Science And Human Behavior
Free Press, 1965 - 461 Seiten
The psychology classic—a detailed study of scientific theories of human nature and the possible ways in which human behavior can be predicted and controlled—from one of the most influential behaviorists of the twentieth century and the author of Walden Two.
“This is an important book, exceptionally well written, and logically consistent with the basic premise of the unitary nature of science. Many students of society and culture would take violent issue with most of the things that Skinner has to say, but even those who disagree most will find this a stimulating book.” —Samuel M. Strong, The American Journal of Sociology
“This is a remarkable book—remarkable in that it presents a strong, consistent, and all but exhaustive case for a natural science of human behavior…It ought to be…valuable for those whose preferences lie with, as well as those whose preferences stand against, a behavioristic approach to human activity.” —Harry Prosch, Ethics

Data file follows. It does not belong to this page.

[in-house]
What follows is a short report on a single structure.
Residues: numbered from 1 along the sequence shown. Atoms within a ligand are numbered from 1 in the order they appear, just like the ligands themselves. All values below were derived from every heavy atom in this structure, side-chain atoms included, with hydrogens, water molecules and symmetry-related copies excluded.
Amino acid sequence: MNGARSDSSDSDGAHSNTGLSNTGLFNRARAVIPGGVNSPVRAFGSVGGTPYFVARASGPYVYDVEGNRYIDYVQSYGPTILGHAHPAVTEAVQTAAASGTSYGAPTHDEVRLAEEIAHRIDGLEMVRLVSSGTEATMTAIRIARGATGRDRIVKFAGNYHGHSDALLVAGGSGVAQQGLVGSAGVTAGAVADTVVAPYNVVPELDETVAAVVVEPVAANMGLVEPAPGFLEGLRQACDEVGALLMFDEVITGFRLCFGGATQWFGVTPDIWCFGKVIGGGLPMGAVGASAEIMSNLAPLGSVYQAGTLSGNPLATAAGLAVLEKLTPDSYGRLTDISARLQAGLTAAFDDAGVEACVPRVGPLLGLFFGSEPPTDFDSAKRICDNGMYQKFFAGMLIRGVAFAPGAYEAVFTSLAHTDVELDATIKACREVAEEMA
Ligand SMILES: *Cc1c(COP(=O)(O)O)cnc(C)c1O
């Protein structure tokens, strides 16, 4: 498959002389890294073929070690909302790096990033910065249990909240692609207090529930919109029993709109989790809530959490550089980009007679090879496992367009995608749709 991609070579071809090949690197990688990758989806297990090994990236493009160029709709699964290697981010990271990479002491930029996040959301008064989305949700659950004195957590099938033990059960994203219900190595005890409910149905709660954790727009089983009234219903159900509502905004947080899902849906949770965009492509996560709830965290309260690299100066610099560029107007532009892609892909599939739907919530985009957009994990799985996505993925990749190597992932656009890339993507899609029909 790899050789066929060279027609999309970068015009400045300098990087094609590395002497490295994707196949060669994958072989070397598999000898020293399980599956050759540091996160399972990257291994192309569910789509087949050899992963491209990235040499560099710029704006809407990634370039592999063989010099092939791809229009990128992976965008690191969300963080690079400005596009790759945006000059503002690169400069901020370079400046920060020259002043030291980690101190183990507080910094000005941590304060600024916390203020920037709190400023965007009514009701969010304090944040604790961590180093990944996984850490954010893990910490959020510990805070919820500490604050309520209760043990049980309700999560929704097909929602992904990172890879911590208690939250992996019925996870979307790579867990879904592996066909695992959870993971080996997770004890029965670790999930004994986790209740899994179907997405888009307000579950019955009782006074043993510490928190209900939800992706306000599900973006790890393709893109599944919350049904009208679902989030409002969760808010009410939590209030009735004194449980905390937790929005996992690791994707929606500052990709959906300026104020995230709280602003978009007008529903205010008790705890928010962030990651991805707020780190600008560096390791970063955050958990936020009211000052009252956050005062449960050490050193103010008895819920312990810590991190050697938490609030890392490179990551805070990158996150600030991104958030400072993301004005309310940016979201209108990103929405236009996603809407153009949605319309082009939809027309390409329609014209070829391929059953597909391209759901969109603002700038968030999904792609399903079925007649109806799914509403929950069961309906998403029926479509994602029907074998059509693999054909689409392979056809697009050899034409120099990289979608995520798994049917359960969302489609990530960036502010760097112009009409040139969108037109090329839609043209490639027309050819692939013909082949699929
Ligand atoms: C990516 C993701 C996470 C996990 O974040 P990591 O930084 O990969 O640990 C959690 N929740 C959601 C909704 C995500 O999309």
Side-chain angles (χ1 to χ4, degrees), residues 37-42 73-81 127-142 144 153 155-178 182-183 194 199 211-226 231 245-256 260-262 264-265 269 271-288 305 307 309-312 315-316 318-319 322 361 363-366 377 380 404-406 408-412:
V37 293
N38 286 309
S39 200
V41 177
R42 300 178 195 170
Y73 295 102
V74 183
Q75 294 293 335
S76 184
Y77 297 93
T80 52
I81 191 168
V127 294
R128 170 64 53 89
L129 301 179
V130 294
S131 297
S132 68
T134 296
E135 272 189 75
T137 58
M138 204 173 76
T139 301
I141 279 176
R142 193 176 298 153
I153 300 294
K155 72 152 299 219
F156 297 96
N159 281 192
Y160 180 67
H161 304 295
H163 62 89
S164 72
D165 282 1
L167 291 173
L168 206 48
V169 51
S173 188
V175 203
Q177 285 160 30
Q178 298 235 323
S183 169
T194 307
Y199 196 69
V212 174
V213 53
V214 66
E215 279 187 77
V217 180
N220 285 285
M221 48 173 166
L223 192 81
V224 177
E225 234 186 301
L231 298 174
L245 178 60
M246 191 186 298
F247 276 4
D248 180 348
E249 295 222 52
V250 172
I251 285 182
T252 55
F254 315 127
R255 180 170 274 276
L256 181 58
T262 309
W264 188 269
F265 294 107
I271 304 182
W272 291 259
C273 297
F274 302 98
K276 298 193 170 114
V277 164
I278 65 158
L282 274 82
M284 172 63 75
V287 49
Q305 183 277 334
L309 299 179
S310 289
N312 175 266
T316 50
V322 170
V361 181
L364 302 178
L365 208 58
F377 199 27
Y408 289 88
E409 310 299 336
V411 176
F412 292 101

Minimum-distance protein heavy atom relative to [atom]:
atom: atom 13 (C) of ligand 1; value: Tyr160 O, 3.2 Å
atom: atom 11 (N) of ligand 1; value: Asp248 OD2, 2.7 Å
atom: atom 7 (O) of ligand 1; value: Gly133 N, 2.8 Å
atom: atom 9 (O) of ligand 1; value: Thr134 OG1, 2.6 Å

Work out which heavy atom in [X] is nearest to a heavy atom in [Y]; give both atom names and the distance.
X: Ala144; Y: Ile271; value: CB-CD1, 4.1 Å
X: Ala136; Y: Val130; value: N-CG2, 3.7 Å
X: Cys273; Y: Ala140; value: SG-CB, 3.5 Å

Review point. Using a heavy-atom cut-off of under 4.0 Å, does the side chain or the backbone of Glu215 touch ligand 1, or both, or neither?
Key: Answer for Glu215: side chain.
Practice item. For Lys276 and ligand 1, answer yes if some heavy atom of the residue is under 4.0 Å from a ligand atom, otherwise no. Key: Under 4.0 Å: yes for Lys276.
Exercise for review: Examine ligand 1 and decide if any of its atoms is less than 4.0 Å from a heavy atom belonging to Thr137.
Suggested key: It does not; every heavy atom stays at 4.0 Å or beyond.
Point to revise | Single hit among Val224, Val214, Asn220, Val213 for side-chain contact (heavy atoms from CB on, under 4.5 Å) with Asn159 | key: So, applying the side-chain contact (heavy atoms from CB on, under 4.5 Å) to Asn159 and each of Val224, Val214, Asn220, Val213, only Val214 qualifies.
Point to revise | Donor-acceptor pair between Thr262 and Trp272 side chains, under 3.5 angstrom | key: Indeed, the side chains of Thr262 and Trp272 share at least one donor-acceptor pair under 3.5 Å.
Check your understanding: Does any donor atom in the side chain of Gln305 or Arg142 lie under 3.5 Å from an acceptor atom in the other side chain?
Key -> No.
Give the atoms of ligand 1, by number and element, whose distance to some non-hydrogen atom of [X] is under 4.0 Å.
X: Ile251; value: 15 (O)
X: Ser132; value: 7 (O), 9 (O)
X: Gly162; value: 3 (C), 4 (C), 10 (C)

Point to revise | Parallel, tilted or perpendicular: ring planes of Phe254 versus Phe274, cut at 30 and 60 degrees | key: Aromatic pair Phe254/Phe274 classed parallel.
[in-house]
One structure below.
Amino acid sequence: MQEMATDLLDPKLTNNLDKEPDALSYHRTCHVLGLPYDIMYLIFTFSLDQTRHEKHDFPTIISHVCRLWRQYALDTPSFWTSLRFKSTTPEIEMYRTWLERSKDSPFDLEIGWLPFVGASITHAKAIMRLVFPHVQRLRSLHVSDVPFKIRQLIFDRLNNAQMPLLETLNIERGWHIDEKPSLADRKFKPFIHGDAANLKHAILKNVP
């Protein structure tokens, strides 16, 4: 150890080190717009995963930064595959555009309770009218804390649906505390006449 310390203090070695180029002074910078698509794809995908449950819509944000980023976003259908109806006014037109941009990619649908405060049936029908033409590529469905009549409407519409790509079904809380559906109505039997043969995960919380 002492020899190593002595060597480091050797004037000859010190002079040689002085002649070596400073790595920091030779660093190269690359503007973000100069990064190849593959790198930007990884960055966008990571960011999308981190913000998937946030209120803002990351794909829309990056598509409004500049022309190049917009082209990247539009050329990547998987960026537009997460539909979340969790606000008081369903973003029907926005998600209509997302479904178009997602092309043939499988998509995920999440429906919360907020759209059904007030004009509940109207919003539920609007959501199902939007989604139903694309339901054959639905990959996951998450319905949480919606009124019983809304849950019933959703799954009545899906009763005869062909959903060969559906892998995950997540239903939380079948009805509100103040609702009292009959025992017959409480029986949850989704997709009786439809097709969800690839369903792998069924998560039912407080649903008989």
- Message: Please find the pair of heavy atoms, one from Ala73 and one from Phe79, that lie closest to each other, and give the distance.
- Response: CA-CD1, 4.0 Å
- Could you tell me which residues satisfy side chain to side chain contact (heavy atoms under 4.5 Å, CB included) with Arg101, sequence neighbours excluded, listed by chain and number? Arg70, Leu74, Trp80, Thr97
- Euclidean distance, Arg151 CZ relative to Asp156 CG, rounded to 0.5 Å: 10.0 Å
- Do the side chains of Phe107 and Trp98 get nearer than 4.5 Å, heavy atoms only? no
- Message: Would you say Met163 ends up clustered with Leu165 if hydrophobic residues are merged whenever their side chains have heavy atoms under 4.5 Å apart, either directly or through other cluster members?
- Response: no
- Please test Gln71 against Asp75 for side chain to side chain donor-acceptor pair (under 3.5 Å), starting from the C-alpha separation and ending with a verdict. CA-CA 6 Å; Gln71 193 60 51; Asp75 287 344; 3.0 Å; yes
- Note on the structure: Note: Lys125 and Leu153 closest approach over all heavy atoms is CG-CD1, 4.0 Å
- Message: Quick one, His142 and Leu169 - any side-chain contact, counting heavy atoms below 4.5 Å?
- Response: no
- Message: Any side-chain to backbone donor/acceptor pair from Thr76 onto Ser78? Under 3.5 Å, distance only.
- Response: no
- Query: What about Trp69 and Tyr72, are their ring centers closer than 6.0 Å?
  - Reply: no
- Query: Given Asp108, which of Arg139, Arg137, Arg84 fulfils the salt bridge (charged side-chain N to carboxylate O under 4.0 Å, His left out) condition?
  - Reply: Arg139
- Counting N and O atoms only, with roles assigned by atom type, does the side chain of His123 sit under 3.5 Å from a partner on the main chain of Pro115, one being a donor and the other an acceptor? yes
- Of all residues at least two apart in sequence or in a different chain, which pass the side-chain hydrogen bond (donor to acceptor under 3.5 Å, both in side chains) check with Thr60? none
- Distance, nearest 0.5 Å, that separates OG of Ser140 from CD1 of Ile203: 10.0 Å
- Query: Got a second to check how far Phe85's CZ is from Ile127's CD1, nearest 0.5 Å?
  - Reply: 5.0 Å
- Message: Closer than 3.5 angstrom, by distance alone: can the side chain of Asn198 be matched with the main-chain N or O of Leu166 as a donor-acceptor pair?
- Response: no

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tion in which pangs are felt, and we continue to eat long after the first few
mouthfuls have stopped any pangs which may have occurred. The attempt to find
comparable stimulation in other drives has proved futile and occasionally even ...
If a certain "need-gratifica- i\ tion" is prescribed, it should be given when the
patient is not misbehaving. This will produce satiation without reinforcing
undesirable behavior.) An objection which has been raised to the principle of
tion implies that we have decreased it, at least by a small amount. The
explanation is that the candy has had a second effect. The sight and taste of
candy are discriminative stimuli under which the behavior of asking or reaching
for candy is ...
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In order to get Walden Two published, B.F. Skinner had to agree to write an introductory text as part of the deal, and the result was Science and Human Behavior. Since he wrote the text, an empirical ... Vollständige Rezension lesen
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